Brown Patch St. Augustine Grass

How to Fix a Patchy Lawn

Lawn Care

Filling in bare or dead patches of lawn can be easily accomplished by installing grass plugs or laying down new squares of sod. Soil should be level and free of weeds and dead grass before installation; afterward, thorough watering is important.

Homeowners in master planned communities where landscape maintenance is provided need not worry when their lawns develop bare patches. The fix is accomplished with a simple phone call.

However, for homeowners who manage their own lawn and landscape care, it’s a different story. You must either fill in the patches yourself or hire a handyman to do it for you.

Replacing dead grass patches is, of course, a less complex project than re-sodding an entire lawn. You just need a shovel or trowel and squares or plugs of replacement grass.

Step One: Plugs or Squares?

First decide if you will use plugs or squares. Typically, grass plugs come in trays of 36 plugs—small cubes of soil with grass. Plugs are planted 6-12” apart. Squares can be purchased singly or by the pallet. A pallet of sod squares covers 400-500 square feet (varies by vendor).

Squares of sod cut to fit bare areas will produce instant full coverage. The same bare area installed with plugs will take weeks for full coverage as runners grow out from the plugs and interconnect.

People generally choose plugs as a cost-saving strategy.

Step Two: Measure Bare Areas

Determine how much sod you need to purchase by measuring the bare areas that need filling. Figure out oval areas by measuring the space lengthwise and crosswise. Calculate that square footage and subtract about 1/5 of the total for the corners.

Repeat that process for all bare patches to determine how many total squares or plugs you will purchase.

Step Three: Installation

Purchase plugs or squares and a trowel and spade.

Plug installation is as easy as digging a hole in the bare area with a trowel, popping the plug out of the tray, and setting it into the hole, backfilling with dirt to secure the plug.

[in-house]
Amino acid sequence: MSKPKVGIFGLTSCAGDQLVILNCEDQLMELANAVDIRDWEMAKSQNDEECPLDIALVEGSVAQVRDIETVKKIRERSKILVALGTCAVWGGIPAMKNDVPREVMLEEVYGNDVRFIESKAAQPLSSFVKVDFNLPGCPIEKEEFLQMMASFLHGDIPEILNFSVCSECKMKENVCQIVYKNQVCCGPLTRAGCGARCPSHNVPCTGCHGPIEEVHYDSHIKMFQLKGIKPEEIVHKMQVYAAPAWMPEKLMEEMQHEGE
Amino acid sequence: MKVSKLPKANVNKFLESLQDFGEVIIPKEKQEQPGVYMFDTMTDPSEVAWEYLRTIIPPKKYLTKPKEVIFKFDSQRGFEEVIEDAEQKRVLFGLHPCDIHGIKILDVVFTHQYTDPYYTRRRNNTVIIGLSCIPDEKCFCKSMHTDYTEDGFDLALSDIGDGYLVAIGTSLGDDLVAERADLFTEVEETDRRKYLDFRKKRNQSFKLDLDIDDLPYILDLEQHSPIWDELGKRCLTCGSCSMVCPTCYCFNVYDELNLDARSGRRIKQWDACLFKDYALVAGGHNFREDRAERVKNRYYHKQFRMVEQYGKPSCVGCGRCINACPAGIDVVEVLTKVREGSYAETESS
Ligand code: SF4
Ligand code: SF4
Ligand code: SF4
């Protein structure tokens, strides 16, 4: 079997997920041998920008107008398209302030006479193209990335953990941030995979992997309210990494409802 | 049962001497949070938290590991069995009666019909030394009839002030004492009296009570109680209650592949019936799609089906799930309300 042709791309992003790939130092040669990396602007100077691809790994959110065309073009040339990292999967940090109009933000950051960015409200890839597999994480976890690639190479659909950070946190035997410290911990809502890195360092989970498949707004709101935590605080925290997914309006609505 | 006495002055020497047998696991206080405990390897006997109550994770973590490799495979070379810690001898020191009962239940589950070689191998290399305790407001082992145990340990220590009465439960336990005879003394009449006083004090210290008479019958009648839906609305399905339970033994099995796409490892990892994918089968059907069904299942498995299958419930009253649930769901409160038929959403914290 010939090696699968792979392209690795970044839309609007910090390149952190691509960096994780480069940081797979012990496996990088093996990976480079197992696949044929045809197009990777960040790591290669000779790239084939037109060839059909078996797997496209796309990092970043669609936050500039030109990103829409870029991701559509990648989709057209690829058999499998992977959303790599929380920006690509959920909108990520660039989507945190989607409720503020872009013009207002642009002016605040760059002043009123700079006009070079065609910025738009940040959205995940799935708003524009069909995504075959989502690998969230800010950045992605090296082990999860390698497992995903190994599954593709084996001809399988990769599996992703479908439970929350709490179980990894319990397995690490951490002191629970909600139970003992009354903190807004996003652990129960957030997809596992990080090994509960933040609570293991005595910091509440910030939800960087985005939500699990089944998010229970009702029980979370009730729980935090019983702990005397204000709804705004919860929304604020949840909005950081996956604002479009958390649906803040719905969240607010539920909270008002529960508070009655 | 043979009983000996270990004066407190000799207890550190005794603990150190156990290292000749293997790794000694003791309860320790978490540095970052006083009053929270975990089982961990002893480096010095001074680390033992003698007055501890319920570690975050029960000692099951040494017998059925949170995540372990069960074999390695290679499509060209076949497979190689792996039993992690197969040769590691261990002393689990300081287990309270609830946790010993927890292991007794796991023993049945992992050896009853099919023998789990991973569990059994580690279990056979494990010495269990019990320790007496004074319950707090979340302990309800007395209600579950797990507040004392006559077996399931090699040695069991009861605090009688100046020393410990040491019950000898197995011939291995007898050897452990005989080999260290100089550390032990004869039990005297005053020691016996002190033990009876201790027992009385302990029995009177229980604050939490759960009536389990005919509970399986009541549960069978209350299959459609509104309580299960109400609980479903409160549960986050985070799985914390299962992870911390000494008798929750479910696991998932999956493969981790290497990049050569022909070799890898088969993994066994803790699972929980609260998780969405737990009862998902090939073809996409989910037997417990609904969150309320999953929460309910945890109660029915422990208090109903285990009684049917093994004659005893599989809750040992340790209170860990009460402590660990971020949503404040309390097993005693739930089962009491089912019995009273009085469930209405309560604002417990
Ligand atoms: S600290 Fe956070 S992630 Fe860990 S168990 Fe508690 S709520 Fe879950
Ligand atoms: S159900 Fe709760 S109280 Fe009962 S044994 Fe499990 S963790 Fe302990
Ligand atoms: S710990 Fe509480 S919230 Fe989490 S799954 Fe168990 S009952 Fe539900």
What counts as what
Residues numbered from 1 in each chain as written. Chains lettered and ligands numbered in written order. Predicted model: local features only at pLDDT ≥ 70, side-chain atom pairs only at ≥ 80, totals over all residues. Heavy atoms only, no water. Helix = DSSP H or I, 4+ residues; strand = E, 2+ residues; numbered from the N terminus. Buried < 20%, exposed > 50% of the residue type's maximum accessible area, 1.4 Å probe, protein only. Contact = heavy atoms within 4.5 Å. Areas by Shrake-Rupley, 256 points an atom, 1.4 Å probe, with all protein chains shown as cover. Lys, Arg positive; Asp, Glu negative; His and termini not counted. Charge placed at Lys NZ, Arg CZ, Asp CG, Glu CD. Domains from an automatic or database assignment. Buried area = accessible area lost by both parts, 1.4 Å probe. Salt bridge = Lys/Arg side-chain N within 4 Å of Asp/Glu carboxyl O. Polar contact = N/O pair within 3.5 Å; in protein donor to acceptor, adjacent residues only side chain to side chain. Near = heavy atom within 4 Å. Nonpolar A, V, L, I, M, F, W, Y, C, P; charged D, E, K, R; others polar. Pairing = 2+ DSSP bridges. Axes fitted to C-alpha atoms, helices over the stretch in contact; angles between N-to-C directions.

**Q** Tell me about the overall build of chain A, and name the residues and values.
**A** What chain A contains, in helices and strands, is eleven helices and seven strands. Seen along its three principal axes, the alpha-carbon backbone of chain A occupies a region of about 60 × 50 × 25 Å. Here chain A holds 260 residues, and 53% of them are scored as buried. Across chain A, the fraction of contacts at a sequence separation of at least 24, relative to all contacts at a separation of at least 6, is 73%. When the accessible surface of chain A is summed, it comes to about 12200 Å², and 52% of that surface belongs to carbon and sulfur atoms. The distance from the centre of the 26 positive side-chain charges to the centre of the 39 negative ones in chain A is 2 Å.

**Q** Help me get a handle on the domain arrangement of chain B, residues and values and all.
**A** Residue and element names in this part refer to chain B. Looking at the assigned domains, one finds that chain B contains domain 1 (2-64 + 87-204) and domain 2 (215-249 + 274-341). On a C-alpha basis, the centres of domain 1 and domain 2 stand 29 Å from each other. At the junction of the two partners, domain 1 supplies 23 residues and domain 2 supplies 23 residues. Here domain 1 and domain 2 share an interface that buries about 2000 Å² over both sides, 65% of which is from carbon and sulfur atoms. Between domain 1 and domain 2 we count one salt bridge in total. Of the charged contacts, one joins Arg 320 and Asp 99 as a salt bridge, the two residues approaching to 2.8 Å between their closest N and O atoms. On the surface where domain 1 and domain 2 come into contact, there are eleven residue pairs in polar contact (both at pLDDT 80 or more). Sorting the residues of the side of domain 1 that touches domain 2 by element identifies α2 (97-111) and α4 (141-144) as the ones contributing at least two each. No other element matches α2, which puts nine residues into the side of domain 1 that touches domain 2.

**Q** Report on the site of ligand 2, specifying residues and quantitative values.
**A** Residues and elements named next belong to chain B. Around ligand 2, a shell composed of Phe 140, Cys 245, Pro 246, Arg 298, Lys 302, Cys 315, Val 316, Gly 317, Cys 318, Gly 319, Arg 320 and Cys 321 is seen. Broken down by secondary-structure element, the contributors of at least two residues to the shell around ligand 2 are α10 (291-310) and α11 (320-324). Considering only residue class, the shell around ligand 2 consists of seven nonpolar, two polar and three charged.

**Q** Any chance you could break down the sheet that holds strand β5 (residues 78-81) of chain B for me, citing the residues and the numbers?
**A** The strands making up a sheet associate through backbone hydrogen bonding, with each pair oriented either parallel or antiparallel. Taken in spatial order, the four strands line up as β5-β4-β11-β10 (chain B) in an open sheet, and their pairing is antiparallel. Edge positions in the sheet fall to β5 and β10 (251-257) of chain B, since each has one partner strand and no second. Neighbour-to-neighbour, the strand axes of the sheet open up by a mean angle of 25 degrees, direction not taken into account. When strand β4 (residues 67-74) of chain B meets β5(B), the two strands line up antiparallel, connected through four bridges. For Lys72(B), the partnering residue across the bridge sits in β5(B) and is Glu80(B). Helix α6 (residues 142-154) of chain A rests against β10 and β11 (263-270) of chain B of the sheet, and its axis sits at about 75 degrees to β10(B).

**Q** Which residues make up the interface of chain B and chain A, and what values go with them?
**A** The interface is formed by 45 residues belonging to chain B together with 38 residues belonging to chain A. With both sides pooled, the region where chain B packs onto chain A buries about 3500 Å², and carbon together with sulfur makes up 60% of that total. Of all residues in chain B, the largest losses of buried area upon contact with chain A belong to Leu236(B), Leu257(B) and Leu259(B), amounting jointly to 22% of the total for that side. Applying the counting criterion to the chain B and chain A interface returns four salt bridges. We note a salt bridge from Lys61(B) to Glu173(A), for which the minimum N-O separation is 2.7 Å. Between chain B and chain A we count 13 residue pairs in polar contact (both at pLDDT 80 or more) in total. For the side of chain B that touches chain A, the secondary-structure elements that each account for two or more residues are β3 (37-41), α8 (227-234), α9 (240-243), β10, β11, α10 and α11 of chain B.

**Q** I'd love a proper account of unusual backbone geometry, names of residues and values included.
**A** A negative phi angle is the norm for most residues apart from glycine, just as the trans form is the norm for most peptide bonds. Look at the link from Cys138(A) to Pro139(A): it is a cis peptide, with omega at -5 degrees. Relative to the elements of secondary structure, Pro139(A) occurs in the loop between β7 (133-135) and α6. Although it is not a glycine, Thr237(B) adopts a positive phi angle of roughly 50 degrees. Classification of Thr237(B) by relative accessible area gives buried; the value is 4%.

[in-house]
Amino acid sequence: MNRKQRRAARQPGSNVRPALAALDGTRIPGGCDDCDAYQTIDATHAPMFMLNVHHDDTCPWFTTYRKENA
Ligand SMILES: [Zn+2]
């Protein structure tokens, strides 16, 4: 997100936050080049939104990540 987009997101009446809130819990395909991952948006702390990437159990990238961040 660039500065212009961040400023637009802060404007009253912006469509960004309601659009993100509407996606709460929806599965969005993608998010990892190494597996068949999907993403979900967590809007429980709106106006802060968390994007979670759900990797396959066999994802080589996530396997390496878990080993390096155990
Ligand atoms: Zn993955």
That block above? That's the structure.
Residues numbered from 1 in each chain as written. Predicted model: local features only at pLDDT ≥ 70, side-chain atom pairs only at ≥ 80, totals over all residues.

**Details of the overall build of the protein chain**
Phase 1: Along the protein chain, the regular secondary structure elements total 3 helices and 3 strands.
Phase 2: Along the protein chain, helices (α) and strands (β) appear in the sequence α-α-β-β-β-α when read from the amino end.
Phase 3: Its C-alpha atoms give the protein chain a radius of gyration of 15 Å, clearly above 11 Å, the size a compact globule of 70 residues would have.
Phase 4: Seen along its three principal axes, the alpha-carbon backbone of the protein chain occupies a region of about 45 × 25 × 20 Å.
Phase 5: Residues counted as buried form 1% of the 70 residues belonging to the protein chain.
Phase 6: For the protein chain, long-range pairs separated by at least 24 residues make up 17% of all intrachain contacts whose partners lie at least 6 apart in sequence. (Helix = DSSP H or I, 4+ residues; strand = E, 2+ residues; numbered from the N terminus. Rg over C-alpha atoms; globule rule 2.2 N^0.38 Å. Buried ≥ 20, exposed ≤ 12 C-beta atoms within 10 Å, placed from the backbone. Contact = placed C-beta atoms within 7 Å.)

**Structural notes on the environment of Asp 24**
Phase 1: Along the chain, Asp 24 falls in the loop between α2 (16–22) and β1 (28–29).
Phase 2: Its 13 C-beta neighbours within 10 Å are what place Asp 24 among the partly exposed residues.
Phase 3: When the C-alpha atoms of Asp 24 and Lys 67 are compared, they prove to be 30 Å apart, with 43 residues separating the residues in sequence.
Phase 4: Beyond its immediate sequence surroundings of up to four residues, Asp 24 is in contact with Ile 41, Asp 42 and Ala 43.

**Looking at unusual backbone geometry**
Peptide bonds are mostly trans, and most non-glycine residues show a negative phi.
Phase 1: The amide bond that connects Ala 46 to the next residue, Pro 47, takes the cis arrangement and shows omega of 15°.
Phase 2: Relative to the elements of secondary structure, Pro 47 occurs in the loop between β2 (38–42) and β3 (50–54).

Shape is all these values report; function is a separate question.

To install squares of sod, first clean dead grass out of bare area. Lay squares onto area, trimming excess so that edges butt up against each other and the patch is filled in neatly.

Whether installing plugs or squares, make sure there are no gaps between the soil and the underside of the sod piece. The roots of the sod need to be in contact with the soil underneath.

Step Four: Irrigate

Newly installed plugs or squares must be watered well and often. Do not let new sod dry out.

Re-sodding a Whole Lawn

This is a much bigger project than filling in a few bare patches of lawn. It requires preparing the soil—removing old sod (rent a sod cutter), rototilling the earth (rent a rototiller), and adding amendments like compost and claylike soil for improved drainage. Leveling the ground comes next, either manually with an iron rake or, on large properties, by pulling a weighted board behind a riding mower.

Lay a roll or line of sod squares down the longest straight edge of the yard and use that as the plumb line from which to lay successive rows. Trim off edges of sod that butt up to driveways and sidewalks.

Water thoroughly immediately and then every morning for the first week, every other morning for the second week, and then twice a week after that. If you lay the sod during the summer, you may need to water it daily for several weeks. Mow it with a walk-behind mower for the first cut.